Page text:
Saturday, 28 September 2019

Night Hike to Oxstones

Over the last week or so I'd planned that last night would be a #microadventure as I'd be home alone (my wife was to be outdoors herself on a fundraising event for Cathedral Archer Project). The weather forecast was for repeated heavy showers throughout the day and night and I gradually decided to stay in the dry. By early evening though the forecast and rain radar suggested that the worst had passed over and there was a probability of some dry hours. No excuses! I rapidly packed the bare essentials and got out of the house 10 minutes before sunset. It was pretty gloomy.

Quite minimal but feeling substantial
I set my sights on Oxstones as an area within a few hours walk but decidedly in the countryside. I also know the path very well which should have been reassuring. It was a new moon and with dark clouds passing over, the paths were quite quickly in blackness and I resorted to my head torch.

I didn't need the signs nor map
For 2 hours I ascended, mostly on paths but occasionally on short stretches of road. The wooded areas were spooky, trees groaning and various animals shuffling in the undergrowth. The small area of ground illuminated by the head torch was supplemented by a peripheral zone of heightened awareness. In this zone my eye was drawn to newly-emerged mushrooms. I think I recognised shaggy ink caps but there were other, unknown to me, white species. At Houndkirk Road a dog walker came out of the gloom, the dogs' eyes visible first. I couldn't face the tree cover in Lady Cannings Plantation so stayed on the byway. From Limb Valley I'd been aware that the wind was becoming more obvious and by the time I'd reached Oxstones I couldn't find shelter on any aspect of the stones. I thought about stopping to make a hot drink or warm-up food but decided I was getting too cold. At that point I chose to abandon the night, even though there'd been no more than drizzle, and head for home, perhaps stopping to eat on the way.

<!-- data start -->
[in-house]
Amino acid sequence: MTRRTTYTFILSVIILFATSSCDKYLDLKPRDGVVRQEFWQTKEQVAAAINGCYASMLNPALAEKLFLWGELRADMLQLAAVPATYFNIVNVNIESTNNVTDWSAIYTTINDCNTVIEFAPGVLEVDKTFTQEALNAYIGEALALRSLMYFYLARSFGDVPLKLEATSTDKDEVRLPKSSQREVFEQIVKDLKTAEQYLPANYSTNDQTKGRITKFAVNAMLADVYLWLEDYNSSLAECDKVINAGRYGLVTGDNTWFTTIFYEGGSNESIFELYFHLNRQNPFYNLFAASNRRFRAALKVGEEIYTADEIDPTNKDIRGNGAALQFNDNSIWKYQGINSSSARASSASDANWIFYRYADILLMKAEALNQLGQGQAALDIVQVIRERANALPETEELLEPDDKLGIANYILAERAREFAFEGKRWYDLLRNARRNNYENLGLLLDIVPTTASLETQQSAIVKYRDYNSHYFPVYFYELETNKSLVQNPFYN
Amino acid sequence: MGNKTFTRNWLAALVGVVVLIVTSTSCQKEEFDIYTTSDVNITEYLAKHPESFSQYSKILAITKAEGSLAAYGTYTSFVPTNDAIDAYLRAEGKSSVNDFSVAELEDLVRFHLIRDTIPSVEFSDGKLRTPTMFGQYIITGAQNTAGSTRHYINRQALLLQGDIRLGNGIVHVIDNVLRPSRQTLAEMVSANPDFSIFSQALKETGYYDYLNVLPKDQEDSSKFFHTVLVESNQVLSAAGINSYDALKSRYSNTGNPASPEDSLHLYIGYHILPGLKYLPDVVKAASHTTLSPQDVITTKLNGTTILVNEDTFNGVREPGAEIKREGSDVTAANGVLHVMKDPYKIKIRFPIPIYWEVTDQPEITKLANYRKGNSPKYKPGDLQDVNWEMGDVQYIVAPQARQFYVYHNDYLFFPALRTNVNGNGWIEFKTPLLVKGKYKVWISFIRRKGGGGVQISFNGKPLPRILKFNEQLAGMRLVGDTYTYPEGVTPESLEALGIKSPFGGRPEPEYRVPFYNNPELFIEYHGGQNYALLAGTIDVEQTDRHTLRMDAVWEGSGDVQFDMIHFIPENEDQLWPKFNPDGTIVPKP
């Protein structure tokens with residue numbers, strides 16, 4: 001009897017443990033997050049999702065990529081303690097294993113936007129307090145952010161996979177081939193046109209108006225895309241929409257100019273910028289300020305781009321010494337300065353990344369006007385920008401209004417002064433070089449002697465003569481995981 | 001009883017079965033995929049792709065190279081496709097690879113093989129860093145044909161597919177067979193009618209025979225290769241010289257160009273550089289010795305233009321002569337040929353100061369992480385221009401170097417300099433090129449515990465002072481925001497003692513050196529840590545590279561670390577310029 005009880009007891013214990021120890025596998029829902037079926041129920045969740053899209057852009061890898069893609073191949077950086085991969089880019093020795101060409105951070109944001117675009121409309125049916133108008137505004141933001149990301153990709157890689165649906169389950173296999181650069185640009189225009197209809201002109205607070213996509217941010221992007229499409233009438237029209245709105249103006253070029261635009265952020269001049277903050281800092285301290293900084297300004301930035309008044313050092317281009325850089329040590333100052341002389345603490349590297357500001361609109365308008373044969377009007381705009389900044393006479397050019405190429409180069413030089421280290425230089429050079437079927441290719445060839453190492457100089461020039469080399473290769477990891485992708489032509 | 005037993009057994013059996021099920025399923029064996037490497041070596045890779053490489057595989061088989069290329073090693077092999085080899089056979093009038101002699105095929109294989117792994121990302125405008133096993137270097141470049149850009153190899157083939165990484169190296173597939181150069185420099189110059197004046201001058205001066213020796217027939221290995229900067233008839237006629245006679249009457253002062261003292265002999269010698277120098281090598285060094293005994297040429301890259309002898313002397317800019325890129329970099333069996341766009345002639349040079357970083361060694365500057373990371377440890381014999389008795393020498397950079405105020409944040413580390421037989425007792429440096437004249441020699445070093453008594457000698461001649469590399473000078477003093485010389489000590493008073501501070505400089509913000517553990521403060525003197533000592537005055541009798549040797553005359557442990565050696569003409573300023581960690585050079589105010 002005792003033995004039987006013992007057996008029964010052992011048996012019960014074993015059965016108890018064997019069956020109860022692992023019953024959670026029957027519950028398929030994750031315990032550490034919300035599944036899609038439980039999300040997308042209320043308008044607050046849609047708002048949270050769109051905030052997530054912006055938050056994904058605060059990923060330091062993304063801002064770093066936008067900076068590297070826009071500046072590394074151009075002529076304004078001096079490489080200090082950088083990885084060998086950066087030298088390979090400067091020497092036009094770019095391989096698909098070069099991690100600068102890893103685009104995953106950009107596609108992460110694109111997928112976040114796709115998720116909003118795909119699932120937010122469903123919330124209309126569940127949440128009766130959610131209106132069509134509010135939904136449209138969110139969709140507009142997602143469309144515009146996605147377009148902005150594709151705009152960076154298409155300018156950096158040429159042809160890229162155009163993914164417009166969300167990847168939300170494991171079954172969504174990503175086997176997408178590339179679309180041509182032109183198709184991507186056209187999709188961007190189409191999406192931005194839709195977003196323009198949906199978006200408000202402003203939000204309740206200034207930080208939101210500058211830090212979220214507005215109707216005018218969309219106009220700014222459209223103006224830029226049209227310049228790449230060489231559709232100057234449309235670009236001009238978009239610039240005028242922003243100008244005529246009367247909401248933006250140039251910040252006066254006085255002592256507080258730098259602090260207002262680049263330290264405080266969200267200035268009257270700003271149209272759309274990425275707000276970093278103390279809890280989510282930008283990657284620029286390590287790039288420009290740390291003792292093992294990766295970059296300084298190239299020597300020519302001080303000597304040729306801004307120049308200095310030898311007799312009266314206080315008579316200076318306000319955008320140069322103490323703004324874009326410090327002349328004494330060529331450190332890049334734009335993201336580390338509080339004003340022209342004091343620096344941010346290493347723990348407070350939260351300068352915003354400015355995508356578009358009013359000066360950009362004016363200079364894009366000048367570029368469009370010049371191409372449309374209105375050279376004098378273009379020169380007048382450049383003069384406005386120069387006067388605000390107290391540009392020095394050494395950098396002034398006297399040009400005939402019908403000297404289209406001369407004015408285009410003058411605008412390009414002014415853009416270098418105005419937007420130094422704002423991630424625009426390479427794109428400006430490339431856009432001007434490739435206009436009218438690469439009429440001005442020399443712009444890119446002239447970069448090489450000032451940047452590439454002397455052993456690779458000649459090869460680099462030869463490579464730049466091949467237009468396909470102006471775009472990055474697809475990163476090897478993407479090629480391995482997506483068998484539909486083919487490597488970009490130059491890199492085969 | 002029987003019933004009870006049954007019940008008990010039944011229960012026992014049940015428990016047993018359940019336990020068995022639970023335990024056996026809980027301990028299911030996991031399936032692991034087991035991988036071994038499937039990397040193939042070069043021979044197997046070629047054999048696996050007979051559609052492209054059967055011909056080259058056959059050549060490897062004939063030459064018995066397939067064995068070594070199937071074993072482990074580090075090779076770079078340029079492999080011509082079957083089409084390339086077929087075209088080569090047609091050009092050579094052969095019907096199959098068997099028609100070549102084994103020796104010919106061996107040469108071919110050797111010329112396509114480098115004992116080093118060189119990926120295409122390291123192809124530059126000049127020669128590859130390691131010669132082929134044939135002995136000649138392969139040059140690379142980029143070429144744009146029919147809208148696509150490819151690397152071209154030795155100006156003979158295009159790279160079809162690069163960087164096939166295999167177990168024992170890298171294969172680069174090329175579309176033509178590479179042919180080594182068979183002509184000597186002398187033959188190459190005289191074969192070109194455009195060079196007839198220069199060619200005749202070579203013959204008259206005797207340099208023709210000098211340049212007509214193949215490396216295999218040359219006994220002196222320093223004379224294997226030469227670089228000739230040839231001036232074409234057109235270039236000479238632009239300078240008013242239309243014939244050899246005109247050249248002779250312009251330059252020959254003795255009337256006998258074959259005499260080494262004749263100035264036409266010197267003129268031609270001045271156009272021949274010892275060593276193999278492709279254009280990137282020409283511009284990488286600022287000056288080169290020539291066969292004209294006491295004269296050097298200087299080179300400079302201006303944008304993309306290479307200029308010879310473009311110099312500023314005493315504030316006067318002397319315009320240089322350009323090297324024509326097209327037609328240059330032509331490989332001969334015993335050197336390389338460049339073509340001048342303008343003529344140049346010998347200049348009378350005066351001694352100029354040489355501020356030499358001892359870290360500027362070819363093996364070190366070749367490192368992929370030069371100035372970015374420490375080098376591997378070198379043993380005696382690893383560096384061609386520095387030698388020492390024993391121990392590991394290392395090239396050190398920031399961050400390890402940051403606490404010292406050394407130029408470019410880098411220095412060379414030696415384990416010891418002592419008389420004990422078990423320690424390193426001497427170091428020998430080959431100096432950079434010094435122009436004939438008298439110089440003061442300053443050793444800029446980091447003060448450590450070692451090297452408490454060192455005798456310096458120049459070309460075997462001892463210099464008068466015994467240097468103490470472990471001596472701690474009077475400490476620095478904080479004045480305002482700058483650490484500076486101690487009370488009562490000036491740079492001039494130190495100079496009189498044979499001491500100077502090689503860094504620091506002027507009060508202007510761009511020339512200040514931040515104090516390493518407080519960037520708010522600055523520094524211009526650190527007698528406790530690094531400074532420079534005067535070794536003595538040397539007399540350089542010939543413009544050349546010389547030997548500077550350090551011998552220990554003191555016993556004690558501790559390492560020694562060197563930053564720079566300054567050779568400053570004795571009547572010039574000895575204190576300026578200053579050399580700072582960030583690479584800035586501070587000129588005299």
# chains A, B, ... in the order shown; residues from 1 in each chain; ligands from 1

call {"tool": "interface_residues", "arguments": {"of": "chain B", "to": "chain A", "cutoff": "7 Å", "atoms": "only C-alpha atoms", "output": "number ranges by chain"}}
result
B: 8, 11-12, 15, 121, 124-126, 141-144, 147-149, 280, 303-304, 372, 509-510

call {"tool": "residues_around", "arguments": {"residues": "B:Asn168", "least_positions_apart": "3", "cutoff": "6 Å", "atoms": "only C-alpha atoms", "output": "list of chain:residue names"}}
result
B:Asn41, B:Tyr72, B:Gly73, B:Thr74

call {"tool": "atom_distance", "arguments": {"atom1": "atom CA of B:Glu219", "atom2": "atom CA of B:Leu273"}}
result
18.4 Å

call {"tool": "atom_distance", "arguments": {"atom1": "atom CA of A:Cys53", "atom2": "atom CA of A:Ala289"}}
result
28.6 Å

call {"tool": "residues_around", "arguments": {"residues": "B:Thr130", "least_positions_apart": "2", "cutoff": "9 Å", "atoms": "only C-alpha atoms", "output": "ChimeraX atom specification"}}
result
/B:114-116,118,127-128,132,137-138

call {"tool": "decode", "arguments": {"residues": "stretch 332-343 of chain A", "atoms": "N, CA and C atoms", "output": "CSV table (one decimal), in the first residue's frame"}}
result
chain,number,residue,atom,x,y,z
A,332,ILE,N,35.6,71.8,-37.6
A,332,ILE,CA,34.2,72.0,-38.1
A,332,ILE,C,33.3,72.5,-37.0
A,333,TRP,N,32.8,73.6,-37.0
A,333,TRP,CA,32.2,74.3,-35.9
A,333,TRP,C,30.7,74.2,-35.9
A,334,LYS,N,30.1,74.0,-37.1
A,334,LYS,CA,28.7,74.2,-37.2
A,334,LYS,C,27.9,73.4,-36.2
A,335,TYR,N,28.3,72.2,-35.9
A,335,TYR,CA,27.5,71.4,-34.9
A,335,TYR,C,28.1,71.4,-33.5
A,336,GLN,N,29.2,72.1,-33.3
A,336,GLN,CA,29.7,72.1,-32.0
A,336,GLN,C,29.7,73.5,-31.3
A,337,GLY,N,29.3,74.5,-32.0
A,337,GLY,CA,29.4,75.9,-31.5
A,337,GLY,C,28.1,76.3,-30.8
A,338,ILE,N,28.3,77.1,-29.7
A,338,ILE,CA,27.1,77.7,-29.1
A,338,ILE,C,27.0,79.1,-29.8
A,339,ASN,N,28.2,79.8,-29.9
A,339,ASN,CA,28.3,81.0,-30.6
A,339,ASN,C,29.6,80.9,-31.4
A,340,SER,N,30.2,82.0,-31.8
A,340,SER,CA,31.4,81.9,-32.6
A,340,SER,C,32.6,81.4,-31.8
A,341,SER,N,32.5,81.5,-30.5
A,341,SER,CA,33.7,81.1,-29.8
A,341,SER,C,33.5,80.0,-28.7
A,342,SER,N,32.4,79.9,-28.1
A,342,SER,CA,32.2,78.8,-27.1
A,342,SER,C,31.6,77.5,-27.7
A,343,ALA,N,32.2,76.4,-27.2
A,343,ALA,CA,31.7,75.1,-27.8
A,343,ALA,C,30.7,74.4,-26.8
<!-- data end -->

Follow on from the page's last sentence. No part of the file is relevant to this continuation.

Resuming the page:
I detoured towards Porter Clough thinking I might eat there but saw many car lights in the parking area with the sound of voices drifting towards me. I wasn't sure it would be safe to arrive alone. That was it then, back to home, direct route.

Welcoming lights but still an hour from a arm bed
The Norfolk Arms was tempting for a moment but a paused would have only delayed sleep at this point so onwards! Alongside the road my peripheral vision was drawn to a movement, and just in time I turned to see a badger scurry away from me across the road, arriving safely at the other side.

So this was a night hike rather than overnight bivvy but still a break from normality and a small challenge. Especially marching beside the looming trees. I walked just under 18km at a good pace having become accustomed to a heavier rucsac than usual. I wonder how I managed camping trips with rugged tents as a teenager?

Importantly I'd also noted the insecurity of being outside and slightly fearful of groups, and of needing to keep moving to stay warm. I was unusually thankful of being in a warm bed when I awoke finding it had rained heavily in the early hours of the morning.

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